Elizabeth Warren has been steaming about the "Wall Street giveaways" in the spending bill that just passed the House, and was even urging a government shutdown (which she would have dubbed a "Citigroup shutdown" due to the influence of Citigroup lobbyists in writing the bill).
But--leaving aside that these types of riders don't really belong in a spending bill in the first place--the actual rule in question is not such a big deal, whether it is in place or not. Here are the reasons:
- Senator Warren is incorrect to say the change allows risky trading by banks. The change does not affect the Volcker Rule, which prohibits all proprietary trading by commercial banks. If banks are trading for profit at all, they are breaking the law.
- Warren is wrong to say the change will create more bailouts in the future. The change does nothing whatsoever to address the Too-Big-To-Fail issue that necessitated the bailouts of 2008.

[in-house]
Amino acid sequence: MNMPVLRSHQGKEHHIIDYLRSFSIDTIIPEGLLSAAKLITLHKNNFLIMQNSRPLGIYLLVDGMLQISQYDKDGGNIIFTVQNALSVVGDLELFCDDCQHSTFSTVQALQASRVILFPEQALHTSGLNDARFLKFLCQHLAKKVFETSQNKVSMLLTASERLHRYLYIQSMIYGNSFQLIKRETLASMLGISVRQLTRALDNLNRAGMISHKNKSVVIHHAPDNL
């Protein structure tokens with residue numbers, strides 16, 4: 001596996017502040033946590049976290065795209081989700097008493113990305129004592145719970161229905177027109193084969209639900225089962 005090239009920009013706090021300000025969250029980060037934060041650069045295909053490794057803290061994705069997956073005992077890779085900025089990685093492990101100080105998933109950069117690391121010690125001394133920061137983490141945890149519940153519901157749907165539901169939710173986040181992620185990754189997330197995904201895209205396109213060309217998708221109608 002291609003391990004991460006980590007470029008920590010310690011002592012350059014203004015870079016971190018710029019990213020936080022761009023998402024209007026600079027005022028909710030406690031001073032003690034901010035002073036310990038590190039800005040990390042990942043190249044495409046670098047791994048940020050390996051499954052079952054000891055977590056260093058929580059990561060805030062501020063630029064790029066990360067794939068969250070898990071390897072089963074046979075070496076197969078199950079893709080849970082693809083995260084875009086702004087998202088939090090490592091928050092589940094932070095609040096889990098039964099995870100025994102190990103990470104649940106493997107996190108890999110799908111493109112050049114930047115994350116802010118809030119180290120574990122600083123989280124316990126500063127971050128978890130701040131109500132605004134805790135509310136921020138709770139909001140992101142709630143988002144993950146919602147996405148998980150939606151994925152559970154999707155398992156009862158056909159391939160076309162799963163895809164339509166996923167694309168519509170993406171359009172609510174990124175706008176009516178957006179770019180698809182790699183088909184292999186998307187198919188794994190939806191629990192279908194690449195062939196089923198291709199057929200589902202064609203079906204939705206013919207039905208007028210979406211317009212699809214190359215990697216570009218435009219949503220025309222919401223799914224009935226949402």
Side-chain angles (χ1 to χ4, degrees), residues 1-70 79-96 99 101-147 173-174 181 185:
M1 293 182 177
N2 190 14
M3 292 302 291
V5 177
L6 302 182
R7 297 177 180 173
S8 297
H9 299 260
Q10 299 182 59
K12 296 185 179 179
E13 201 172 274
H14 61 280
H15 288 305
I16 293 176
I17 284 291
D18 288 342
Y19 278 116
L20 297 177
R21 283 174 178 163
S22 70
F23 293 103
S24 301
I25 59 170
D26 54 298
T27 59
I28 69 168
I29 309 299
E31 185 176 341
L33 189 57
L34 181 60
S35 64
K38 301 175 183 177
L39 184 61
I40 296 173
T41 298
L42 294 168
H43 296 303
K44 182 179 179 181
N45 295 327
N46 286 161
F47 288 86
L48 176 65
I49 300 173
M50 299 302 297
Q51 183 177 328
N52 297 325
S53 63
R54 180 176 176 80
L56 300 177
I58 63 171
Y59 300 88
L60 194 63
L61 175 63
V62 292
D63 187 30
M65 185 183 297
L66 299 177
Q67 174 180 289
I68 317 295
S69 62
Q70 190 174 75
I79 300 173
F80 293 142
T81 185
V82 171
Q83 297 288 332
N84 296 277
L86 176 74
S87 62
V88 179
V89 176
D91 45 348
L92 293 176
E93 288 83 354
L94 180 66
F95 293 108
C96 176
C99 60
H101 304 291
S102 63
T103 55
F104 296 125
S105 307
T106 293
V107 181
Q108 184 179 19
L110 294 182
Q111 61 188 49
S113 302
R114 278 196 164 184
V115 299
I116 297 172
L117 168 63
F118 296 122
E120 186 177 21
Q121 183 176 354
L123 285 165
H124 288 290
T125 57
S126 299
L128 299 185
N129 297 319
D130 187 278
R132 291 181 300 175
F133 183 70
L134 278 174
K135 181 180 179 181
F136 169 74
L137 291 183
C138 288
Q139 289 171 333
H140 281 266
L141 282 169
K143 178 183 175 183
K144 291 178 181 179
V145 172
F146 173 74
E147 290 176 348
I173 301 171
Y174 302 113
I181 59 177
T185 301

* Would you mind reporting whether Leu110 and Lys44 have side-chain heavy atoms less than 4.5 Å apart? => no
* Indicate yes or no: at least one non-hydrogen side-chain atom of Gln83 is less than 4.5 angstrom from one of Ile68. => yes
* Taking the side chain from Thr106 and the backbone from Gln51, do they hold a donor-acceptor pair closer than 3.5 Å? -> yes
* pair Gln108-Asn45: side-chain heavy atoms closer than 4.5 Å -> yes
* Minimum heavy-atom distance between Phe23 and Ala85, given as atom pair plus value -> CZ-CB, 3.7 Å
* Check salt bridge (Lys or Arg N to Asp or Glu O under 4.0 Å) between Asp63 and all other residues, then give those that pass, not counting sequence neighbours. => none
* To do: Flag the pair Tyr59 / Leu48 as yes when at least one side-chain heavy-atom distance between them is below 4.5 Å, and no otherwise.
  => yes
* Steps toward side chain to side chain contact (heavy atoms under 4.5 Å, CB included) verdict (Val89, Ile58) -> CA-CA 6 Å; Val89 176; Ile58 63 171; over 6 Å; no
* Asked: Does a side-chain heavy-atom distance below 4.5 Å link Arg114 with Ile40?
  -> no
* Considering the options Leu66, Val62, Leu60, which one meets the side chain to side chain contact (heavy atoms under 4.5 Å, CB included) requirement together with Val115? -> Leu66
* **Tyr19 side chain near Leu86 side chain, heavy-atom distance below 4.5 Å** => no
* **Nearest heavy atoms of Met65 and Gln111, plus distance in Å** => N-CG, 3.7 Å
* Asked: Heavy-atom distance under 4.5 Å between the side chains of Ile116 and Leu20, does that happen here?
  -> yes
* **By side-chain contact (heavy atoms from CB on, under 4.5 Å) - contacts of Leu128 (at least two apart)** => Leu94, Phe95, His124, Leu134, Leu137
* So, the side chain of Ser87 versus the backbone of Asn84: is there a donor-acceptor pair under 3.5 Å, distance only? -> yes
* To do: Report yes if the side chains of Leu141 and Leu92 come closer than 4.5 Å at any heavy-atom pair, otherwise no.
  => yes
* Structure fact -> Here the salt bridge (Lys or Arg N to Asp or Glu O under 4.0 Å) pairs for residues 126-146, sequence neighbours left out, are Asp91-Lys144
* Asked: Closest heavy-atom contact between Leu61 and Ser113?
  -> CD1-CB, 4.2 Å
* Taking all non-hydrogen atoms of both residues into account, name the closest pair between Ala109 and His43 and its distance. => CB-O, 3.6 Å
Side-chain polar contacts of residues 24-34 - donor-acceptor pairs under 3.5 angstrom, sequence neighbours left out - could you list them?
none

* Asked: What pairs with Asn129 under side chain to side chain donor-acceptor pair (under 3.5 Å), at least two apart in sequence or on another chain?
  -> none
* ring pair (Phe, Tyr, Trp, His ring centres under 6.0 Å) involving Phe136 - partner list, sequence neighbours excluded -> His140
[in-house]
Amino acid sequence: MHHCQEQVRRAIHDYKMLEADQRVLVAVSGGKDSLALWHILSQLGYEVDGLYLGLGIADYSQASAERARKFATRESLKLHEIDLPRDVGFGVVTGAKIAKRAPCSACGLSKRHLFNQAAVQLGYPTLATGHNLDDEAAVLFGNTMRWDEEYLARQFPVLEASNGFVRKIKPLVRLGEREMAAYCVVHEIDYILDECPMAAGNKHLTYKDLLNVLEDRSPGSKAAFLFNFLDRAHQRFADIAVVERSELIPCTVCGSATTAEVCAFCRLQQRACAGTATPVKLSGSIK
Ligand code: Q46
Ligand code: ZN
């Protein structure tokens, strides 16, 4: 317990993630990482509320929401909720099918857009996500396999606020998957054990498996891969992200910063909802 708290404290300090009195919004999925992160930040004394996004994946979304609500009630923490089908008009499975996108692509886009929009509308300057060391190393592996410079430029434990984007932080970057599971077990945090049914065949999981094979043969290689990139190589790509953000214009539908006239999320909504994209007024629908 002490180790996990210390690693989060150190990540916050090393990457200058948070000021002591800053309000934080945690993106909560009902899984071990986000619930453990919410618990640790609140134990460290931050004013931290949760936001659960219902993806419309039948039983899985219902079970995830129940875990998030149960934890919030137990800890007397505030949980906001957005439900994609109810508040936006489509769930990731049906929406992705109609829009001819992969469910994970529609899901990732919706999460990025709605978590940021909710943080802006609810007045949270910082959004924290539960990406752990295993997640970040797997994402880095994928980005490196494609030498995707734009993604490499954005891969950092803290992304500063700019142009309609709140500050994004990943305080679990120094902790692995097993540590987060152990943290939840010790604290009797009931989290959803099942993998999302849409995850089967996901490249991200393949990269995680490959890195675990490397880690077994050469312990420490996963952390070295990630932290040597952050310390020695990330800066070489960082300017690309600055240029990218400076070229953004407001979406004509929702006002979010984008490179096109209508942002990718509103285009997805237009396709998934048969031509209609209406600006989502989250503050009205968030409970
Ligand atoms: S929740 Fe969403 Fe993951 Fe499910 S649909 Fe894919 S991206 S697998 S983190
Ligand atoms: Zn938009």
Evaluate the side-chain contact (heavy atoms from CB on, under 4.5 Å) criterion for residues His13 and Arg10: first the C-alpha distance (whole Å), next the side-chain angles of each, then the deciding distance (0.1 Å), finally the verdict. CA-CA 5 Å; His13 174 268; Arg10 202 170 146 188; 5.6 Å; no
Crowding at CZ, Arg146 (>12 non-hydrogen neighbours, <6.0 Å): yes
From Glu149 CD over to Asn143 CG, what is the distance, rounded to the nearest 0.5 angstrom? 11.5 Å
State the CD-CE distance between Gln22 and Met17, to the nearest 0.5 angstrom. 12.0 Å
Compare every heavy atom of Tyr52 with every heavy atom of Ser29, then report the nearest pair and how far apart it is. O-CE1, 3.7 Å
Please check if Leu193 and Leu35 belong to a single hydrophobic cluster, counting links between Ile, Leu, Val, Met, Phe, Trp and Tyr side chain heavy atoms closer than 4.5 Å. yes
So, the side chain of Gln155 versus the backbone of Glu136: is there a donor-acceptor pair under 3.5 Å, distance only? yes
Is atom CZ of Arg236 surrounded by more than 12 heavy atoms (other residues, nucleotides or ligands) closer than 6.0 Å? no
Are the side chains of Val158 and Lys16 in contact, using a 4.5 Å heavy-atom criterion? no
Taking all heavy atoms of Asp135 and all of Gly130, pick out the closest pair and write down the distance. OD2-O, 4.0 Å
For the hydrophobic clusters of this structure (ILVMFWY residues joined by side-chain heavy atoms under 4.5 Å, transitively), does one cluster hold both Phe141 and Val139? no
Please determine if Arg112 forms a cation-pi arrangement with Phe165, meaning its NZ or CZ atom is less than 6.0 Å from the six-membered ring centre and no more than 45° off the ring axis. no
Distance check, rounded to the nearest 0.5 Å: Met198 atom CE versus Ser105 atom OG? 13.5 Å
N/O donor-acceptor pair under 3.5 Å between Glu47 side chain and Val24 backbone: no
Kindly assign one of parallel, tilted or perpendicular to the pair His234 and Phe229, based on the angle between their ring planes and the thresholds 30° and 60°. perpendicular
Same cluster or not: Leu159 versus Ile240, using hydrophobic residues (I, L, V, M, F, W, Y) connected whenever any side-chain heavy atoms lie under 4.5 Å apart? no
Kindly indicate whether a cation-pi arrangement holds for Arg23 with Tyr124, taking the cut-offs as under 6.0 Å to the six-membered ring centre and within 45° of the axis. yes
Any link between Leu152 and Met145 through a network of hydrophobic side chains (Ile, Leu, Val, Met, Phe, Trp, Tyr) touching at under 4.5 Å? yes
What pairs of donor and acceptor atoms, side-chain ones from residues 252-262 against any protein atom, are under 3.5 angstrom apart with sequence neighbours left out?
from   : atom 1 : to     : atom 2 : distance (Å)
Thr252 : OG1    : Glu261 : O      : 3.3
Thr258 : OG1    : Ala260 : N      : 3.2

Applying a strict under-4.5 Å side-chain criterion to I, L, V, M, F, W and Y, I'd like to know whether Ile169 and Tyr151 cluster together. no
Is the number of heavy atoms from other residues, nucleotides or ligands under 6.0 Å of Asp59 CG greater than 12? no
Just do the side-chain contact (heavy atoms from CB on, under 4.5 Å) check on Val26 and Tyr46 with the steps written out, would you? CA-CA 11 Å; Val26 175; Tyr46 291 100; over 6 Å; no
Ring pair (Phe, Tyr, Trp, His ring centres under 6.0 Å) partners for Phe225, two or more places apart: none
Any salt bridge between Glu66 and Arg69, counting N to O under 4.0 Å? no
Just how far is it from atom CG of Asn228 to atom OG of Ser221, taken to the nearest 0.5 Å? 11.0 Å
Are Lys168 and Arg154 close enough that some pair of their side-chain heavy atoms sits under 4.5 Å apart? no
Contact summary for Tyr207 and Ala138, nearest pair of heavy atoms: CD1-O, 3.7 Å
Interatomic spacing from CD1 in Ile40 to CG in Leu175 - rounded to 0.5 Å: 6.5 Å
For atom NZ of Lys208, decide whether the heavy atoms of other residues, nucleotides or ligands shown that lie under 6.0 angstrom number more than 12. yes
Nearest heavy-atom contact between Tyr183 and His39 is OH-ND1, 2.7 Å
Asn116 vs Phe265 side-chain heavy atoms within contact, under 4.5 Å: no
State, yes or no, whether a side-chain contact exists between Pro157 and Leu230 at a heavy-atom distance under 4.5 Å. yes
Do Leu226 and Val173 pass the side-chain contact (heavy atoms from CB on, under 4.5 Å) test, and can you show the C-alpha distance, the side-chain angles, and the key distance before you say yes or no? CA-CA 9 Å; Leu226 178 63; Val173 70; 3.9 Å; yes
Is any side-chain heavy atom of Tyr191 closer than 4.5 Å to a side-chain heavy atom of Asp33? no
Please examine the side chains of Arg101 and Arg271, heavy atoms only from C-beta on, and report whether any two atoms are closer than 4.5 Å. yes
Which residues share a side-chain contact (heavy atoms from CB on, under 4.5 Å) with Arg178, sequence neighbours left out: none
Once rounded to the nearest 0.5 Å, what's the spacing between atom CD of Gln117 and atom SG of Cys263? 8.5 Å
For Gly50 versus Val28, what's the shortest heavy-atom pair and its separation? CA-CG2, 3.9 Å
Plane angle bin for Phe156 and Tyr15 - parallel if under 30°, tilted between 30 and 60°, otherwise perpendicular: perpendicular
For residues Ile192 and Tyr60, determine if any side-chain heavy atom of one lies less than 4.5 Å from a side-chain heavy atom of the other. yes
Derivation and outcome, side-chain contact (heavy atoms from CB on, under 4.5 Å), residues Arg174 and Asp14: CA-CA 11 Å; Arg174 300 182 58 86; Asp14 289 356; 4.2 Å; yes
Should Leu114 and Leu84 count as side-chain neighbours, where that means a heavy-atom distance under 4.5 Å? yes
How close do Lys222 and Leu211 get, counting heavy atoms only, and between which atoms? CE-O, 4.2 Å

- The change would have had no effect whatsoever on the last financial crisis, since the primary mishandling of derivatives was by AIG, which is not a bank and not FDIC-insured. Regardless of the changes, AIG could still do exactly the same thing today. (It would be stupid, but not illegal.)
- The change does not affect "structured finance swaps," which include the swaps on mortgage securities that were a part of the 2008 financial crisis. That is, the same restrictions passed under Dodd-Frank still apply in the cases that you might consider relevant. (Of course, these restrictions do not have much teeth anyway. Trading and dealing derivatives was not prohibited in Dodd-Frank, but just had to move to another office.)
All in all, the change is not particularly significant, even taking all of Warren's professed interests into account. It certainly helps banks, but it belongs more in the category of cutting red tape rather than in the category of "handouts" and "giveaways." Unfortunately, I don't think Warren's shutdown threat amounts to anything other than self-interested political grandstanding.